No more energy favors, please

Huge energy price increases account for almost all of terrible new inflation numbers that came out yesterday, and federal lawmakers deserve much of the blame.

The Labor Department said wholesale prices rose 6.3 percent in 2007, the largest jump in 26 years. Core inflation — excluding food and energy — rose just 2 percent, but a whopping 18.4 percent jump in energy prices pushed the overall rate sky-high.

It is true that a large part of the problem today stems from increasing international demand combined with a weak dollar. But the big congressional energy bill of 2005 unnecessarily made the problem far worse. In April 2005, when gasoline prices were at what now seems like a bargain at the national average of $2.20 per gallon, analyst Ben Lieberman of the Heritage Foundation warned that the energy bill then moving through Congress would be a disaster. Boy, he got that right.

There were three big errors in that bill, the full consequences of which we are only now beginning to see. First and most significant was mandating a nationwide doubling of ethanol use. Subsidized by taxpayers at the rate of 51 cents per gallon, ethanol makes it more expensive to fill your vehicle’s gas tank, but it does little for the environment in return. Not only that, but ethanol produces much less net energy per gallon than does gasoline, so drivers have to use more to go the same distance. It’s a formula guaranteed to produce scarcity and higher prices. And by the way, increased ethanol demand also drives up the costs of corn on the cob and all other foods or products made with corn.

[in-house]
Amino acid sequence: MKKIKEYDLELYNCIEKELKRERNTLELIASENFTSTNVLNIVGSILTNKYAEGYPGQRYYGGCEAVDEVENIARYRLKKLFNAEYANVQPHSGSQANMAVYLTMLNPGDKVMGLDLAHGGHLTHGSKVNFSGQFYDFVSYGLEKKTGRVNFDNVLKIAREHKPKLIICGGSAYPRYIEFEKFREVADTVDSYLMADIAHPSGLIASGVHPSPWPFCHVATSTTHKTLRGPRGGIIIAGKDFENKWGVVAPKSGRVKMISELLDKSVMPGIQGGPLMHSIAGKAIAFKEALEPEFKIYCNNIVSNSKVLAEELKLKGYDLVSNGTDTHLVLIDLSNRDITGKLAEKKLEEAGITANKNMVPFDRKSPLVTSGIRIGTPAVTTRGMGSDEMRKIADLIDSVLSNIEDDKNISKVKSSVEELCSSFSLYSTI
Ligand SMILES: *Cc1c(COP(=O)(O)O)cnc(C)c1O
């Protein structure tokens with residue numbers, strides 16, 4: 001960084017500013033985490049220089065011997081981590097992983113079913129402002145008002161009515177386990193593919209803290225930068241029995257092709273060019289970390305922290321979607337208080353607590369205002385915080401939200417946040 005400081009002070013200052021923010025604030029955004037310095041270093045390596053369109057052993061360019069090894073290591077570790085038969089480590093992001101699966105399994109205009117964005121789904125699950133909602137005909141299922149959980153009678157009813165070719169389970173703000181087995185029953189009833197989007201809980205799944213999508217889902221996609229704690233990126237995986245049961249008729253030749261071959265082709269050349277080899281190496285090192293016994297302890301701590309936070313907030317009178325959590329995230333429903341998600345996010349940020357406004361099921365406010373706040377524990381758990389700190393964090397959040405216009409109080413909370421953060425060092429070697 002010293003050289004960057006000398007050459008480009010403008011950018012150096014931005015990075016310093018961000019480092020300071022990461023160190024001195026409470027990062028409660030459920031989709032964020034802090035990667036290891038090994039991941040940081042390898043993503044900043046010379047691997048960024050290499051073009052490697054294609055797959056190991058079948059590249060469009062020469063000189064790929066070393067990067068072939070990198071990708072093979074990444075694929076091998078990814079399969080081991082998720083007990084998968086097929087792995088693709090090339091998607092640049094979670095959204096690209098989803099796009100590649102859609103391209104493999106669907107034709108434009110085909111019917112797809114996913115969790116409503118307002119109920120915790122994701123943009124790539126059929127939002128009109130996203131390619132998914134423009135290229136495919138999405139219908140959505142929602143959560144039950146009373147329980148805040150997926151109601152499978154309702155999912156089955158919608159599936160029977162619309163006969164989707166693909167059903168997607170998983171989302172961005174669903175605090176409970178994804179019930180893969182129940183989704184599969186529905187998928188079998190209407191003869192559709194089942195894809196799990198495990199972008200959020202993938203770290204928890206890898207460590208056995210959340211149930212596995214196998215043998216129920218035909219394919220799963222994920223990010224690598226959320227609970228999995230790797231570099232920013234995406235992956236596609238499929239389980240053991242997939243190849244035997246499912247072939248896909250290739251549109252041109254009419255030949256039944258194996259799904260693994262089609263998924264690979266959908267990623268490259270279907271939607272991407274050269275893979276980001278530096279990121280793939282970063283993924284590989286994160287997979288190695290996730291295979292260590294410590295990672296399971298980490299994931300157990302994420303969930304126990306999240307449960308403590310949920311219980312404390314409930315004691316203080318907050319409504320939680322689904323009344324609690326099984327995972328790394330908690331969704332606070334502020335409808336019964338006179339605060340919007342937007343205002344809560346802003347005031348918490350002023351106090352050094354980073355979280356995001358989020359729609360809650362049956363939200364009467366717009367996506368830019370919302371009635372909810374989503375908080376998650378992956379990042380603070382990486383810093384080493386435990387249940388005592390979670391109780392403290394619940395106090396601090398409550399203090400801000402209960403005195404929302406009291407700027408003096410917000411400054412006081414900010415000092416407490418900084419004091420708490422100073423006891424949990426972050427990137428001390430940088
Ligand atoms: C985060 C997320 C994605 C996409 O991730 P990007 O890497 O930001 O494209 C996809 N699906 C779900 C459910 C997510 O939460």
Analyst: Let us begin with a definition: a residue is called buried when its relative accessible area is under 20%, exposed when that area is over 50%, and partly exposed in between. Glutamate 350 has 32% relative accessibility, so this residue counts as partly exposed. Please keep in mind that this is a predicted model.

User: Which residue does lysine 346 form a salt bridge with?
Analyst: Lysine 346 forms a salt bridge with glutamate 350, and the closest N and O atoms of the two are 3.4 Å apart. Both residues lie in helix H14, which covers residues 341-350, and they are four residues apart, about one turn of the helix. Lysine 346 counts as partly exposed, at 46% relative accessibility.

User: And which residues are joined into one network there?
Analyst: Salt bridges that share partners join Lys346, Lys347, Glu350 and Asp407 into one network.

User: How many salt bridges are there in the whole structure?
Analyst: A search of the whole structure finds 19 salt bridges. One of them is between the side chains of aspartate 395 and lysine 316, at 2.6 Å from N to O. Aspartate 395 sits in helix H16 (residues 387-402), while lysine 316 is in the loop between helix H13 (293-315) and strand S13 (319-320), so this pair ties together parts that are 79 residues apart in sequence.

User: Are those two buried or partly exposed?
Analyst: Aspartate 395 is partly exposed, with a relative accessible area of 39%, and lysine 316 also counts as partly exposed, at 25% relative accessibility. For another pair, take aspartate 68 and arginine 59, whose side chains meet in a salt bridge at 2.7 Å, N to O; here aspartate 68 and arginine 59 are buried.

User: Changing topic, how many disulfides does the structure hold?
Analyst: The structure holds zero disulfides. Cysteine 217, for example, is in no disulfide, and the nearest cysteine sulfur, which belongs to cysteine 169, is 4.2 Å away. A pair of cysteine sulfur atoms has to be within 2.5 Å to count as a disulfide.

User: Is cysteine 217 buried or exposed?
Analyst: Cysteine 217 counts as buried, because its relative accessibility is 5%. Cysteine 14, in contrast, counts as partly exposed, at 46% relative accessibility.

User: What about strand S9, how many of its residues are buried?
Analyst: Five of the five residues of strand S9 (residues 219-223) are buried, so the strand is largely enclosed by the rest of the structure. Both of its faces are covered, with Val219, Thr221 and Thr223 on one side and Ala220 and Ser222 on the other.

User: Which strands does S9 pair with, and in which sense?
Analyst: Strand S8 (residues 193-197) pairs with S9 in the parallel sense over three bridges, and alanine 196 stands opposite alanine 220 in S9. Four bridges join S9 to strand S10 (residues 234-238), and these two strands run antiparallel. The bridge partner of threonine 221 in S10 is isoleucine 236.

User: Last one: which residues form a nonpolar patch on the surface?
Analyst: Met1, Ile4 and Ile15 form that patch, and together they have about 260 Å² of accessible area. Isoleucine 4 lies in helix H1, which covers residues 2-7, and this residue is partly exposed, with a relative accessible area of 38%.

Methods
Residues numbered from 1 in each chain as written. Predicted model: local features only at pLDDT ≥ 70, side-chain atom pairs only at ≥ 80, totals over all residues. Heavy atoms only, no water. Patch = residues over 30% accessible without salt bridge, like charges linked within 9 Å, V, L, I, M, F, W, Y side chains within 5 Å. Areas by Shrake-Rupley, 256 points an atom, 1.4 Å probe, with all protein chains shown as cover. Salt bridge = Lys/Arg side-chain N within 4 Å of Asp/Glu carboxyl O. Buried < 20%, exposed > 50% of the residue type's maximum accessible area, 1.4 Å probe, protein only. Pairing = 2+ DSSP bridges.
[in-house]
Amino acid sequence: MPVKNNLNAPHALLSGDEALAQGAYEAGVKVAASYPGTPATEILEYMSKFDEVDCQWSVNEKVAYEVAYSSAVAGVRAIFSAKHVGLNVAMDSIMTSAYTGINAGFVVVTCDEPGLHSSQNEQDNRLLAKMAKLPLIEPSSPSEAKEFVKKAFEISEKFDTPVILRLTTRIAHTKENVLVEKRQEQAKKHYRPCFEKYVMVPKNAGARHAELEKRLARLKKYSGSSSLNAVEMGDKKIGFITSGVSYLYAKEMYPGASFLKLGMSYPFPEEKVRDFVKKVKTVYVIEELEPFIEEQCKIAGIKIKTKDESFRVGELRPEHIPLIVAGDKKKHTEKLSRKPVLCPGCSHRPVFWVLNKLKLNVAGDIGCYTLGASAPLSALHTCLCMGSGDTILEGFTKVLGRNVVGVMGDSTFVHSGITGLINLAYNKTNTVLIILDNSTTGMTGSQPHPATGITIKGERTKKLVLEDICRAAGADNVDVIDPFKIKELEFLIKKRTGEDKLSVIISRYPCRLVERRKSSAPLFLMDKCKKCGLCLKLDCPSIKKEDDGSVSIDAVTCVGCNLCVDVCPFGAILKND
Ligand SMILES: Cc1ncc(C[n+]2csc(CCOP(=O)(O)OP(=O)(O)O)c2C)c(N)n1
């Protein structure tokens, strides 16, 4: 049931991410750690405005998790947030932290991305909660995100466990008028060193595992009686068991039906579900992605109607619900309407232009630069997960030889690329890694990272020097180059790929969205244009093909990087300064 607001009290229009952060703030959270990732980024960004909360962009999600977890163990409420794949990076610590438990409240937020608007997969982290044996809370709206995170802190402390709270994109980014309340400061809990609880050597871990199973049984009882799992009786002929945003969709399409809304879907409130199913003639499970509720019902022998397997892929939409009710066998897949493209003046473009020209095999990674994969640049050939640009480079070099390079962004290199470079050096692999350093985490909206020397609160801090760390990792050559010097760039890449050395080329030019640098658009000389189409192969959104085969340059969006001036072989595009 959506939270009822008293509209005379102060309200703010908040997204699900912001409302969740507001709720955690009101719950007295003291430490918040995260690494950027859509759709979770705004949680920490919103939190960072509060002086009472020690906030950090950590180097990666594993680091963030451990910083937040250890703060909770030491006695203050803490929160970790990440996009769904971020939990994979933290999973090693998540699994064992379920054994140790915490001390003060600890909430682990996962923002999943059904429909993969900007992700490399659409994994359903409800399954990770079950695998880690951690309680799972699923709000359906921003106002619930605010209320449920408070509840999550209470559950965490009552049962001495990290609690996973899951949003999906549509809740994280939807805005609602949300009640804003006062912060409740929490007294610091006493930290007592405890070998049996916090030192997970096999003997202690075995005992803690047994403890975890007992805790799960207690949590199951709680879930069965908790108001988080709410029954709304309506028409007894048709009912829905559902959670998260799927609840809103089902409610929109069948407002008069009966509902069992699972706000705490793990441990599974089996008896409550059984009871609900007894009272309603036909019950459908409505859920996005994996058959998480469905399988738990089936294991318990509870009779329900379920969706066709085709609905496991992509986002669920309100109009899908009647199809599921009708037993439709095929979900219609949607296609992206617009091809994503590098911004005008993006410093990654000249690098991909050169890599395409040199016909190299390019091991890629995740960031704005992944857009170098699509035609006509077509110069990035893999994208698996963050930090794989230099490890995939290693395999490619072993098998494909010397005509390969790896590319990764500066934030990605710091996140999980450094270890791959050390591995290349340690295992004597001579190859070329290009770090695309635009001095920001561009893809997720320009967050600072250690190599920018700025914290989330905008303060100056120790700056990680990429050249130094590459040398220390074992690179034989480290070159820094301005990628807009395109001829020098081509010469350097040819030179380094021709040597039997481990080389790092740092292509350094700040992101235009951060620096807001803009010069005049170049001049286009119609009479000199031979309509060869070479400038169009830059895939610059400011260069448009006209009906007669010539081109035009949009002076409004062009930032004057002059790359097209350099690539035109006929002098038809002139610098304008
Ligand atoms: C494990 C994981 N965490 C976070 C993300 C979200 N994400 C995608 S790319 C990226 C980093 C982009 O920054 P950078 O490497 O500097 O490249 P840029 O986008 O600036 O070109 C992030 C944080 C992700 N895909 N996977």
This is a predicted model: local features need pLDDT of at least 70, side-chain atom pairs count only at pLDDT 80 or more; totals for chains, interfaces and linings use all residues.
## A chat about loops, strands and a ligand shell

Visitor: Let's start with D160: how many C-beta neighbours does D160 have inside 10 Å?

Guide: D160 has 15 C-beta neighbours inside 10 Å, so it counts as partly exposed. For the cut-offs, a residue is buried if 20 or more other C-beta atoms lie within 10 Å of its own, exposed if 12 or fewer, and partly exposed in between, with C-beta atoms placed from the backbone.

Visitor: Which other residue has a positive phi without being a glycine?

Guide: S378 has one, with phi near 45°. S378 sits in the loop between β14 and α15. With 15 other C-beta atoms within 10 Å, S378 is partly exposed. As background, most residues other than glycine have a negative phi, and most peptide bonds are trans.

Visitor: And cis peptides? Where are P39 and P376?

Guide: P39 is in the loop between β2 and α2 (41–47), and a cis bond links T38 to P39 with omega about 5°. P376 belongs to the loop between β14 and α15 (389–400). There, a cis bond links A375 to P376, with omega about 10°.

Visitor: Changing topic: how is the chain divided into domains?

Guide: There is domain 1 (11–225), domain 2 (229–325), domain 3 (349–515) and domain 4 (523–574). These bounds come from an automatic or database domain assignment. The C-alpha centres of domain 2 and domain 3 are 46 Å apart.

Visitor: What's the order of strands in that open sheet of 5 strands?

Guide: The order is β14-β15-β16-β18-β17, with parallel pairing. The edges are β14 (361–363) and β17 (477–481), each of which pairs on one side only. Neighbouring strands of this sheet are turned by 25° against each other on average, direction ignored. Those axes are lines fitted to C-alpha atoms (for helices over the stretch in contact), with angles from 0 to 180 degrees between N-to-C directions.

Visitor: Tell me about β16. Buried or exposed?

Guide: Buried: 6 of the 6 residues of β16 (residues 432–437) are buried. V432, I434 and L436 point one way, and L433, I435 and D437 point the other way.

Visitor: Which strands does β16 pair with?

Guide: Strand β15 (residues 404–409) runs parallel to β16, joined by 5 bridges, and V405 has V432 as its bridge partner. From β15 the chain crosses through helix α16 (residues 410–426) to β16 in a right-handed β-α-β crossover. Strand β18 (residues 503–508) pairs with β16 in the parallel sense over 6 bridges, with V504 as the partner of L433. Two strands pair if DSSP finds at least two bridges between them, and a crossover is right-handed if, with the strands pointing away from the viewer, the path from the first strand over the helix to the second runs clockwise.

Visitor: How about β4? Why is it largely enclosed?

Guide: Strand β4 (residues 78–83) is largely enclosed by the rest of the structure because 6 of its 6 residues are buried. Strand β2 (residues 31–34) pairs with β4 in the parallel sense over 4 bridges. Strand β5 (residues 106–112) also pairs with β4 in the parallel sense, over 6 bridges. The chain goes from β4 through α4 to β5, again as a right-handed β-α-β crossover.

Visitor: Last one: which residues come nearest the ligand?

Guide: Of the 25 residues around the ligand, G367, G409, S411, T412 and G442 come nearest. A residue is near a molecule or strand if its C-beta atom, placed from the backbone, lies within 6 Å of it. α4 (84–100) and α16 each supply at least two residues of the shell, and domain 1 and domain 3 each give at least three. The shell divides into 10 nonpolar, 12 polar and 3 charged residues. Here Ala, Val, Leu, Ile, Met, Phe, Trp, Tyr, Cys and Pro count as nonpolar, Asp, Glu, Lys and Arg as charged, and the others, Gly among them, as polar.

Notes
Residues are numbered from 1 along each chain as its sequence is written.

The second big mistake of the 2005 bill was to force near-immediate changes in the use of “clean-fuel” additives, especially MTBE, which pollutes ground water. Something clearly needed to be done about MTBE — in California and several other states the additive has been phased out — but the hasty directive meant refineries and supply lines where MTBE is still in use had to be quickly reworked. That caused supply disruptions that took months to overcome and that were further complicated by the havoc wreaked on the energy industry by Hurricane Katrina.

Finally, the 2005 bill did almost nothing to promote more domestic production of oil, gas and coal or to encourage the huge investments required to expand refining capacity. Price hikes and supply disruptions in the last three years often have resulted from a lack of adequate refining capacity.

So, having made our energy problems worse in 2005, what did Congress and President Bush do just last month? They approved yet another new and costly energy bill that doesn’t adequately address the nation’s need for fuel.

If you think energy is expensive now, just wait till we see the consequences of the politicians’ latest bright idea.

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